Saturday, February 7, 2009

The Usefulness of Commentaries

I'm starting to read through Spurgeon's The Treasury of David, which is a commentary on the psalms. I had enjoyed reading about psalm 91, so I figured I might as well read the rest of the two-book set, or at least some of it. The timing was right, as I was about to start reading through the psalms as I make my way through the Bible.

Psalm 1
Blessed is the man that walketh not in the counsel of the ungodly, nor standeth in the way of sinners, nor sitteth in the seat of the scornful.
But his delight is in the law of the LORD; and in his law doth he meditate day and night.
And he shall be like a tree planted by the rivers of water, that bringeth forth his fruit in his season; his leaf also shall not wither; and whatsoever he doeth shall prosper.
The ungodly are not so: but are like the chaff which the wind driveth away.
Therefore the ungodly shall not stand in the judgment, nor sinners in the congregation of the righteous.
For the LORD knoweth the way of the righteous: but the way of the ungodly shall perish.

Here's a quote I liked from the book, about Psalm 1 verse 3 (italicized above):
'We often, like Jehoshaphat, make ships to go to Tarshish for gold, but they are broken at Ezion-geber; but even here there is a true prospering, for it is often for the soul's health that we should be poor, bereaved, and persecuted. Our worst things are often our best things.'

Lovely, is it not? How often we forget this, or at least if we know it in our heads can't quite seem to accept it and trust it in our hearts. We are indeed blessed if we know the Lord, even in the hardest situations! May I remember this in my hardest hours.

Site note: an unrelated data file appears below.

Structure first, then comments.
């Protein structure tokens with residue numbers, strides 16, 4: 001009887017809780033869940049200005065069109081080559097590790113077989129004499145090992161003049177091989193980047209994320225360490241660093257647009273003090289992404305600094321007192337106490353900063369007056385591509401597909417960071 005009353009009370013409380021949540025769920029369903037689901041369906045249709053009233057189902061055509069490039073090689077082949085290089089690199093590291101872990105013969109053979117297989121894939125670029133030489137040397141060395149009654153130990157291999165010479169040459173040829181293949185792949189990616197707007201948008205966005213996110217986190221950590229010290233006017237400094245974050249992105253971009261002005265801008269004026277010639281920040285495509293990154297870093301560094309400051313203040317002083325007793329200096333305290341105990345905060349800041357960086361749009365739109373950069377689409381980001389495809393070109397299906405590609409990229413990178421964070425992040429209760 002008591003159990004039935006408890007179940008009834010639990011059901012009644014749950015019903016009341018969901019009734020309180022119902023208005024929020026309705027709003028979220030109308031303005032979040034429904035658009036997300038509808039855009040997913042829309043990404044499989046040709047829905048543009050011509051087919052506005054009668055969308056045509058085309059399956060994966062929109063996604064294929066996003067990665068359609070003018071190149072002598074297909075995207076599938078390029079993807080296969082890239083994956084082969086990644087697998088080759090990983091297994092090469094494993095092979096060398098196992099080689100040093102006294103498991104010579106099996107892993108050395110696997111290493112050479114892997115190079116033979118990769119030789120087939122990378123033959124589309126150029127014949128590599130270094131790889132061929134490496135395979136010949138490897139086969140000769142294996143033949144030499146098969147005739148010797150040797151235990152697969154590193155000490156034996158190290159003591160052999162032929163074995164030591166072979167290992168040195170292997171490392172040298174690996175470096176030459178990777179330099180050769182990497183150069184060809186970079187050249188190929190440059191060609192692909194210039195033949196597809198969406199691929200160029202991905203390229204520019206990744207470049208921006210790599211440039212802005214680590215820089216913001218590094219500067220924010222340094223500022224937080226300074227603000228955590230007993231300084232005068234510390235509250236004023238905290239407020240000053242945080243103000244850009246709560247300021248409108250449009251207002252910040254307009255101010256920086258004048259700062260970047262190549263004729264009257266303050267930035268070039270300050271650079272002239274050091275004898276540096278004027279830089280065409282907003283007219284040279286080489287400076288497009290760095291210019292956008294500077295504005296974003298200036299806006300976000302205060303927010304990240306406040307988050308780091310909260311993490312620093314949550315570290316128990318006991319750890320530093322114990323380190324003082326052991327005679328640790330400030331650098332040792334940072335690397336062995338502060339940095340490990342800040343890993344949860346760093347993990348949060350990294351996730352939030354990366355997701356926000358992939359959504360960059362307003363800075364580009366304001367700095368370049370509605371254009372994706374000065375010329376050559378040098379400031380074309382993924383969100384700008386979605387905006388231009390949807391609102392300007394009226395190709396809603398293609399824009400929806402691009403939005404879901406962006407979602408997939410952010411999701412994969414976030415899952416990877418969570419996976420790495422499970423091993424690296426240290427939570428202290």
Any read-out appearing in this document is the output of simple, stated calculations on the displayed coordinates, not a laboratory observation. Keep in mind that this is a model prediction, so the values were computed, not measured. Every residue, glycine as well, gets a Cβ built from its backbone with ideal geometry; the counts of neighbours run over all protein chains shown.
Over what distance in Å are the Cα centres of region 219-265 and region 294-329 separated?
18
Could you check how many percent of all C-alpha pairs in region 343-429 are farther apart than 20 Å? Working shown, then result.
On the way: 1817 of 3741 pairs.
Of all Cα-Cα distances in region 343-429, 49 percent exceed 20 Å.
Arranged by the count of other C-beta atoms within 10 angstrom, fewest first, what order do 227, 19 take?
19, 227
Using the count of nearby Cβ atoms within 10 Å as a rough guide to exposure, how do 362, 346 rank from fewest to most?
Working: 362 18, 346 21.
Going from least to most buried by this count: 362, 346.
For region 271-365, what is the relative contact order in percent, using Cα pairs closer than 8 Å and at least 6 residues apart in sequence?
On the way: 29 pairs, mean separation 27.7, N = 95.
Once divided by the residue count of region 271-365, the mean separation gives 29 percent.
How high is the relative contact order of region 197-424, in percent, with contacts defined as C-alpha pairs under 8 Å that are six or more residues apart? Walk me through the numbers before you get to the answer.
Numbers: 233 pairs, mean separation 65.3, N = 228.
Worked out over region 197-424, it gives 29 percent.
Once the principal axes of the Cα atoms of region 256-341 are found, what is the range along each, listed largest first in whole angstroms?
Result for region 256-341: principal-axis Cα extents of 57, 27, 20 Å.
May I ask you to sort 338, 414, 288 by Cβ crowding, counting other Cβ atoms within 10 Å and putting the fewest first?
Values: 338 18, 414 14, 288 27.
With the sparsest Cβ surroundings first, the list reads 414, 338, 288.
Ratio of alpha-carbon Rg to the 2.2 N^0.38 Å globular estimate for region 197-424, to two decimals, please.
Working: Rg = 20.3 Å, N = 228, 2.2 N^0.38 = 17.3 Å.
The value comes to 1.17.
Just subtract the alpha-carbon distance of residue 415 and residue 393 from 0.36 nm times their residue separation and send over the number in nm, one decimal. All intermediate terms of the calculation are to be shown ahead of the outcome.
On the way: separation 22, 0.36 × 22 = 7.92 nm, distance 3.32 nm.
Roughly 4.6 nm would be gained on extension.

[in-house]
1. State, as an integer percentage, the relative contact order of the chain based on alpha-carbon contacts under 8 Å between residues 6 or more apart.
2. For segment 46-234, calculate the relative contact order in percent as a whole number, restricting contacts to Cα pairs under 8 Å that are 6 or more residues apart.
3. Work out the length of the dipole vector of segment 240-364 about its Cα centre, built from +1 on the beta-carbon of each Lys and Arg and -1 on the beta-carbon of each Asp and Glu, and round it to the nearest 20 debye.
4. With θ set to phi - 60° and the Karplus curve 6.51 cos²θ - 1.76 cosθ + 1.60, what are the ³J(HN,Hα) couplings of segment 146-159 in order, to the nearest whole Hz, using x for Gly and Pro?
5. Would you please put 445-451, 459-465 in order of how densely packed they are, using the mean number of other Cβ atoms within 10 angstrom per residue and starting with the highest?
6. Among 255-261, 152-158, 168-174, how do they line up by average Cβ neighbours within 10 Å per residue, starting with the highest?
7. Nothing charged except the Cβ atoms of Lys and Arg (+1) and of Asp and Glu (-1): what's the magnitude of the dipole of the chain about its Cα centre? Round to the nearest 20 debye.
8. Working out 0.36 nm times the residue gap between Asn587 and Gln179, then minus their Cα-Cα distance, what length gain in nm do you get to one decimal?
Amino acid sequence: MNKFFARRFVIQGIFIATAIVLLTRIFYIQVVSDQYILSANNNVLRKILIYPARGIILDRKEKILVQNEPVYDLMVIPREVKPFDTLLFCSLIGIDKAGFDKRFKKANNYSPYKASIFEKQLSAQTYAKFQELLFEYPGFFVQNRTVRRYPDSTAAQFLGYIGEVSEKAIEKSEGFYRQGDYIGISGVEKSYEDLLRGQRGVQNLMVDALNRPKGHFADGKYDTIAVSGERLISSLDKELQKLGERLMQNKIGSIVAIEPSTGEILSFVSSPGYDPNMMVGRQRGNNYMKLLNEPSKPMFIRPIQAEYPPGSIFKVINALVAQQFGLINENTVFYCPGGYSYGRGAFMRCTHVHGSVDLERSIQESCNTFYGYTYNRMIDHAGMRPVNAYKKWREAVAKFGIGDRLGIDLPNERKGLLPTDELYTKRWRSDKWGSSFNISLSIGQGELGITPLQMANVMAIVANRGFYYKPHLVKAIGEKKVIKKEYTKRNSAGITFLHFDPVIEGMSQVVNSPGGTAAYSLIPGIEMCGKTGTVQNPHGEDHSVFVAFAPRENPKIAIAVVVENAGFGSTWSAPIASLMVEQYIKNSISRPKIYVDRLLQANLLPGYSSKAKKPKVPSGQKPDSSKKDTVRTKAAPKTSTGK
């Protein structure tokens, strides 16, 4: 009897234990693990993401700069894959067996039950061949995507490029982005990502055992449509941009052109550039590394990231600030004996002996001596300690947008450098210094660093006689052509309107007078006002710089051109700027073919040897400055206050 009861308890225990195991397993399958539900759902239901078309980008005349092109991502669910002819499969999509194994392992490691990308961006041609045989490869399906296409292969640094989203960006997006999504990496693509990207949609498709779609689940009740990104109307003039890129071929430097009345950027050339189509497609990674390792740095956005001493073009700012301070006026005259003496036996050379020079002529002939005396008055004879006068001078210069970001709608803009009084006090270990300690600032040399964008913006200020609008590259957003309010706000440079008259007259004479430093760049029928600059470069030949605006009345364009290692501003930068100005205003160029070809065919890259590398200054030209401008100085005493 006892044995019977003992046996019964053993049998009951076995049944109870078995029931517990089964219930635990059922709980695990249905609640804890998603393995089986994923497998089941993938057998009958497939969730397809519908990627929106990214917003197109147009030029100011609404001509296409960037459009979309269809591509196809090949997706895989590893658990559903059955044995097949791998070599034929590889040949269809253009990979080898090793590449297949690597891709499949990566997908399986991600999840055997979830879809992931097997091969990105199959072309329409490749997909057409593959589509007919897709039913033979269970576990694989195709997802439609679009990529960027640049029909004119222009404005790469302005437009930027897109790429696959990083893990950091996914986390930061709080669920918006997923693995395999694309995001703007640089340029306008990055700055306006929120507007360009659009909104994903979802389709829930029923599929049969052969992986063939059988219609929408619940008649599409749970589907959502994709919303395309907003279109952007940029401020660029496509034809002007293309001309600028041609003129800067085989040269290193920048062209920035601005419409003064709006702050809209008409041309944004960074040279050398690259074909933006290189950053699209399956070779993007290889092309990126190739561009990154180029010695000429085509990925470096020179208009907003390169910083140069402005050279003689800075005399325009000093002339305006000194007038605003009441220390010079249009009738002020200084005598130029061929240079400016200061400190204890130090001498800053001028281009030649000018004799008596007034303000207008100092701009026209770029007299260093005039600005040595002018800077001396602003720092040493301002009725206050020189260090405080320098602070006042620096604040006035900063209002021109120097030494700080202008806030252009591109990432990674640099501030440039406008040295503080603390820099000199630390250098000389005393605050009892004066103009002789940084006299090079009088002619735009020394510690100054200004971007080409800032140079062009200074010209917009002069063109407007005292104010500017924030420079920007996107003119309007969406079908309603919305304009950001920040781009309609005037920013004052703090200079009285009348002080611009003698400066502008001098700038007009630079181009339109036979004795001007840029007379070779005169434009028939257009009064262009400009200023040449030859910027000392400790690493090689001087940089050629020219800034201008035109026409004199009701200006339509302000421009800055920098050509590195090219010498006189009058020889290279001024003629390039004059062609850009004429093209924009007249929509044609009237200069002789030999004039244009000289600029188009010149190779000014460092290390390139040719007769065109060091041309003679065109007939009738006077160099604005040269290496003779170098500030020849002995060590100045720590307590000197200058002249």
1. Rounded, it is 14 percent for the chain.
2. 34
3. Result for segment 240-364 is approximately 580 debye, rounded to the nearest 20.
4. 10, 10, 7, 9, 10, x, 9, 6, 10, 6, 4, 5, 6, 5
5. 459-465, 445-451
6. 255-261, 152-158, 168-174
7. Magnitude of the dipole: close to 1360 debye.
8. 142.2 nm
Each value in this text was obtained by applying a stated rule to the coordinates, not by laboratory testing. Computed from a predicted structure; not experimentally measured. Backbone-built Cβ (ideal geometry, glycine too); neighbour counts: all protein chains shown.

I'm the kind of girl who has always devoured fiction. Christian novels, mostly--historical, romance, mystery, suspense. And I still enjoy them. But I am more and more seeing the loveliness and usefulness of commentaries and nonfiction Christian books. I thought as I was reading in Spurgeon's book, This is more helpful to me than a hundred Grace Livingston Hill novels. Much more. Spurgeon even assembled quotes from other writers on the psalms, which add to the depth. I know I will still struggle with my "easy-reading" and "like-to-be-entertained" mindset, but I am grateful for even these small steps--small seeds that I believe God has planted in my heart.

Of course, the best Book of all is the Bible, yet these books help me to understand the Bible. Should I then neglect reading the Bible? Of course not. I know I should spend more time in the Word, as well, and it is my prayer that it will become more my "meditation day and night."

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